Jacques Géraud was born in Lot-et-Garonne. He attended preparatory classes (khâgne) at the Louis-Le-Grand secondary school in Paris, and was then accepted to the École Normale Supérieure de Saint-Cloud. After receiving his aggregation (certification for university teaching) in French language and literature, he taught until 2007 at the University of Sfax (Tunisia) and in Saint-Germain-en-Laye.
He has published fiction, including novels, short stories, and tales, in Editions P.O.L and Presses Universitaires de France (PUF). He wrote the preface to the Marquis de Sade’s Philosophie dans le boudoir (Éditions P.O.L.).
Two of his books are series of short comic and fantasy fiction, based on Proust’s work: Proustites (Éditions P.O.L), staged by the actor and director Xavier Brière, alumni of the National Theatre in Strasbourg (TNS) and performed in Paris, Avignon and at the French Institute/Alliance Française de New-York (1997); and Petits proustillants (Éditions PUF) which transported the Proustian narrator into the 21st century to have him experience new adventures, from A to Z, from Adidas to Zappinge.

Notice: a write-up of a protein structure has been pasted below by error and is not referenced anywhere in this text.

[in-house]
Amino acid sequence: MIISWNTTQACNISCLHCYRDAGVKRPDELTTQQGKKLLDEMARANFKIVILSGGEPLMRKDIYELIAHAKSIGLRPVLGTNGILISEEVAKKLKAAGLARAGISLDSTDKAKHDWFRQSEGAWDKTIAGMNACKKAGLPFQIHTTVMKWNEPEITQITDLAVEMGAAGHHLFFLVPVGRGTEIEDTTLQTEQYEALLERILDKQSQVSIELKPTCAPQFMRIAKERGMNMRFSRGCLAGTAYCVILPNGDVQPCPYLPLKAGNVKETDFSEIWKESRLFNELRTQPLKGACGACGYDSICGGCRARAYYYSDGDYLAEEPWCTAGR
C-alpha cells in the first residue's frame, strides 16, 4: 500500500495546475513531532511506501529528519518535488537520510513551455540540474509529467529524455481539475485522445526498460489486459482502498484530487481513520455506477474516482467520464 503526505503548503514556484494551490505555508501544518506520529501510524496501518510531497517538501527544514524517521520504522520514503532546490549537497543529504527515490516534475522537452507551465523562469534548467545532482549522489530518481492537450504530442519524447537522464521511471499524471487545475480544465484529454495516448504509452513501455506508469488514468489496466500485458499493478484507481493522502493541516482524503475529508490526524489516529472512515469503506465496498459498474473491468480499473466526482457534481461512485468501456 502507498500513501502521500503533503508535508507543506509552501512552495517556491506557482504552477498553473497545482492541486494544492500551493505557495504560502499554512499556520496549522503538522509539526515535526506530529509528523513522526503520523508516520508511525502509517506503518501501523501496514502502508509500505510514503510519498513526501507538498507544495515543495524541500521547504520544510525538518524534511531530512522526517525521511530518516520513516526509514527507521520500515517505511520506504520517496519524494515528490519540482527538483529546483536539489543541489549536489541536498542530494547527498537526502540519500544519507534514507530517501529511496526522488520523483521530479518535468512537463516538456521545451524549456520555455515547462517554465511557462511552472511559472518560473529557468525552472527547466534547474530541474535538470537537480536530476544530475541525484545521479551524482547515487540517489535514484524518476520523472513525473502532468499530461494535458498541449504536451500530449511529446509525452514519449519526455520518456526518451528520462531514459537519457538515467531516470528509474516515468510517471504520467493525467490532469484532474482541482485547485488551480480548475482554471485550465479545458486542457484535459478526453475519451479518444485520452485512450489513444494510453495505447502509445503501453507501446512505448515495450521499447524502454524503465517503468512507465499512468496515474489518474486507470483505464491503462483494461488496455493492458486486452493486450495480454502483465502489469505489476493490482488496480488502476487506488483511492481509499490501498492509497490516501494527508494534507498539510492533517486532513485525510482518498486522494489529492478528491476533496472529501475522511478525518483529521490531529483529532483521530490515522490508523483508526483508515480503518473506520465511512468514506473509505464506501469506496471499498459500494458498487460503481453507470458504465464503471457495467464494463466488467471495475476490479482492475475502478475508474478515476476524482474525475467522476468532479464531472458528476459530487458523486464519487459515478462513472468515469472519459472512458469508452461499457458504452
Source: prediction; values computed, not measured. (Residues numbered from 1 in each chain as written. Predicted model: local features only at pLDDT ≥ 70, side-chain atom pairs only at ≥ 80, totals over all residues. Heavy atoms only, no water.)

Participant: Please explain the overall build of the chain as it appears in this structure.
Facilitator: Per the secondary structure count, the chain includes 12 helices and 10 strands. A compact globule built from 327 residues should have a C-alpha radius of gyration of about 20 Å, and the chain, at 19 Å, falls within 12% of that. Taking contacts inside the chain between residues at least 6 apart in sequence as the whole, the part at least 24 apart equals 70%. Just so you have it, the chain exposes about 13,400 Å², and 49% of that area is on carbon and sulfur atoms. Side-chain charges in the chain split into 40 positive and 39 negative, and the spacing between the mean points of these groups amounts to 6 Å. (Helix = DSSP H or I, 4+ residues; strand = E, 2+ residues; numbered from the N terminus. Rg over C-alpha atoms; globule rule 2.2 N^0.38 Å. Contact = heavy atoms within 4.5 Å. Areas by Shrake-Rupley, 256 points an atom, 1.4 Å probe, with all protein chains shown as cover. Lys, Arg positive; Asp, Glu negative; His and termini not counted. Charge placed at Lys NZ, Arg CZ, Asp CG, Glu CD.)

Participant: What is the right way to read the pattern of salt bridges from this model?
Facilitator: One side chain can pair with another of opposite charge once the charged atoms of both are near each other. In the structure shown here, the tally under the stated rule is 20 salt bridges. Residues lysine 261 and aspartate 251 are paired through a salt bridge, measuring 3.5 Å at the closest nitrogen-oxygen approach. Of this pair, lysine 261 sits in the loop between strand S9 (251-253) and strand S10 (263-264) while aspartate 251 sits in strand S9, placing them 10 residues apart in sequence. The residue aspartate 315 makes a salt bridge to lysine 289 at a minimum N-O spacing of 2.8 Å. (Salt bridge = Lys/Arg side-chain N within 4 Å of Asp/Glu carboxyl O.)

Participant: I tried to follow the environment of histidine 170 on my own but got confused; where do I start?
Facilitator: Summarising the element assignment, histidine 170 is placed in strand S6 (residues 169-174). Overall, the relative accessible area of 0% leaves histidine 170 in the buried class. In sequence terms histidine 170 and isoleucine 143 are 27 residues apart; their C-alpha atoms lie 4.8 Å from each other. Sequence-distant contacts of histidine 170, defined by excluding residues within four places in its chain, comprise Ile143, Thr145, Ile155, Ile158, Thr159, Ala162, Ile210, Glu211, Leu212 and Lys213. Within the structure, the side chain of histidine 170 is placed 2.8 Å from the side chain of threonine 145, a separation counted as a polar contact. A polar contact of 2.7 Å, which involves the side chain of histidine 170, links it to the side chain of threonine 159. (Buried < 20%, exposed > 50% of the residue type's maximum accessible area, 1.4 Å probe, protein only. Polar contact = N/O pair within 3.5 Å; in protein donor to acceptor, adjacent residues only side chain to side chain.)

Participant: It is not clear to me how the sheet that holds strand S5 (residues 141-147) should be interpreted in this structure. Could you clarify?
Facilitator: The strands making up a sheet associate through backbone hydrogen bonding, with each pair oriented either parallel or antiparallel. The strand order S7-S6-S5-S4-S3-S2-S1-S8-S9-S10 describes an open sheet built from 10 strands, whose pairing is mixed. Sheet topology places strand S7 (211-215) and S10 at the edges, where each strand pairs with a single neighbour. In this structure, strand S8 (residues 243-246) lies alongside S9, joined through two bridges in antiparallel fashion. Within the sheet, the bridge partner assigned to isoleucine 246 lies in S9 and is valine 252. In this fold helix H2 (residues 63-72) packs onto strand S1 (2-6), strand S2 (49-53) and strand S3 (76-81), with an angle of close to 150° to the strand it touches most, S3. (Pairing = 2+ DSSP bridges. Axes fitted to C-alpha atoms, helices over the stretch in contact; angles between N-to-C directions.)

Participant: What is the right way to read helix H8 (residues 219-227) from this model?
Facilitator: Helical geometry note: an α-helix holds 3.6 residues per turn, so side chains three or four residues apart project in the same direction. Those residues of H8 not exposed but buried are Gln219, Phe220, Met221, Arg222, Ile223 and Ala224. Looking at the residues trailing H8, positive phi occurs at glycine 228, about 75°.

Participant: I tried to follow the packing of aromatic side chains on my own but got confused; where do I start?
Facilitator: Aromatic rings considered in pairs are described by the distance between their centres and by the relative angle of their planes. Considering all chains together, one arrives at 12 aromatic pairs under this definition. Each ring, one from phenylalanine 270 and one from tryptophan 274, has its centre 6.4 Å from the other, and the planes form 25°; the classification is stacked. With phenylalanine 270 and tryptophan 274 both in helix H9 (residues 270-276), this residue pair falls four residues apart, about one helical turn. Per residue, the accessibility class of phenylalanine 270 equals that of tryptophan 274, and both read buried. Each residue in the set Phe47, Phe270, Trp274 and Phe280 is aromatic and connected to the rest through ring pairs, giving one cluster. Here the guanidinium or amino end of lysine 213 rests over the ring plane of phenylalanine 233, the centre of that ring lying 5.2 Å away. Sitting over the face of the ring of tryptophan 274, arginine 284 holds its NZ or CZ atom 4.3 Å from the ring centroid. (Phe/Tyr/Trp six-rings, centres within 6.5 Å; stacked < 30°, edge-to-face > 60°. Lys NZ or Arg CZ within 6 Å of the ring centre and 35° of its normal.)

In Search of In Search of Lost Time
In Search of Lost Time is the greatest registered monument –somewhat X-rated – or rather unclassifiable monument of French literature. If it were a vegetable, it would be a cauliflower, a fractal object in which one part is a microcosm of the whole. If it were a painting, it would be Les noces de Cana, by Veronese, featuring 132 characters, including Christ, alias Proust. If it were a French word, it would be the longest one – anticonstitutionnellement - long as his book, his sentences, stretched out on a Procrustean bed by the author whose name was as short as his asthmatic breathing.
Every great writer is at the cross-roads of two genealogies, and proceeds from their union: first, the genealogy of the flesh, mom and dad – for Proust, especially mom, the quintessential Jewish mother, who was to die in 1905. “We kill our mothers,” he says, crossing Œdipus and Orestes. On the paternal side, our ashamed homosexual momma’s boy, rejects the real father, freeing up the place of the Father. Thus Proust’s grievous Christian body will beget the glorious body of the work, which was to go from near failure to worldwide glory.
The “Sodomite Jew,” excommunicated by the good Catholic Claude, the author who, according to Sartre, “thought himself bourgeois, became allied with bourgeois morality”(sic), so dazzled Virginia Woolf the reader that he was to drive Virginia Woolf the writer to despair : “My only great affair was Proust.” After him, what is there left to write?
Proust as the heir of the 19th century and mutant of the 20th. Jacques Géraud will also discuss the ambiguous relationship between Proust and women, from his mother to his grandmother. He will show the obvious or more subtle lines between Proust’s life and the writing of the work.
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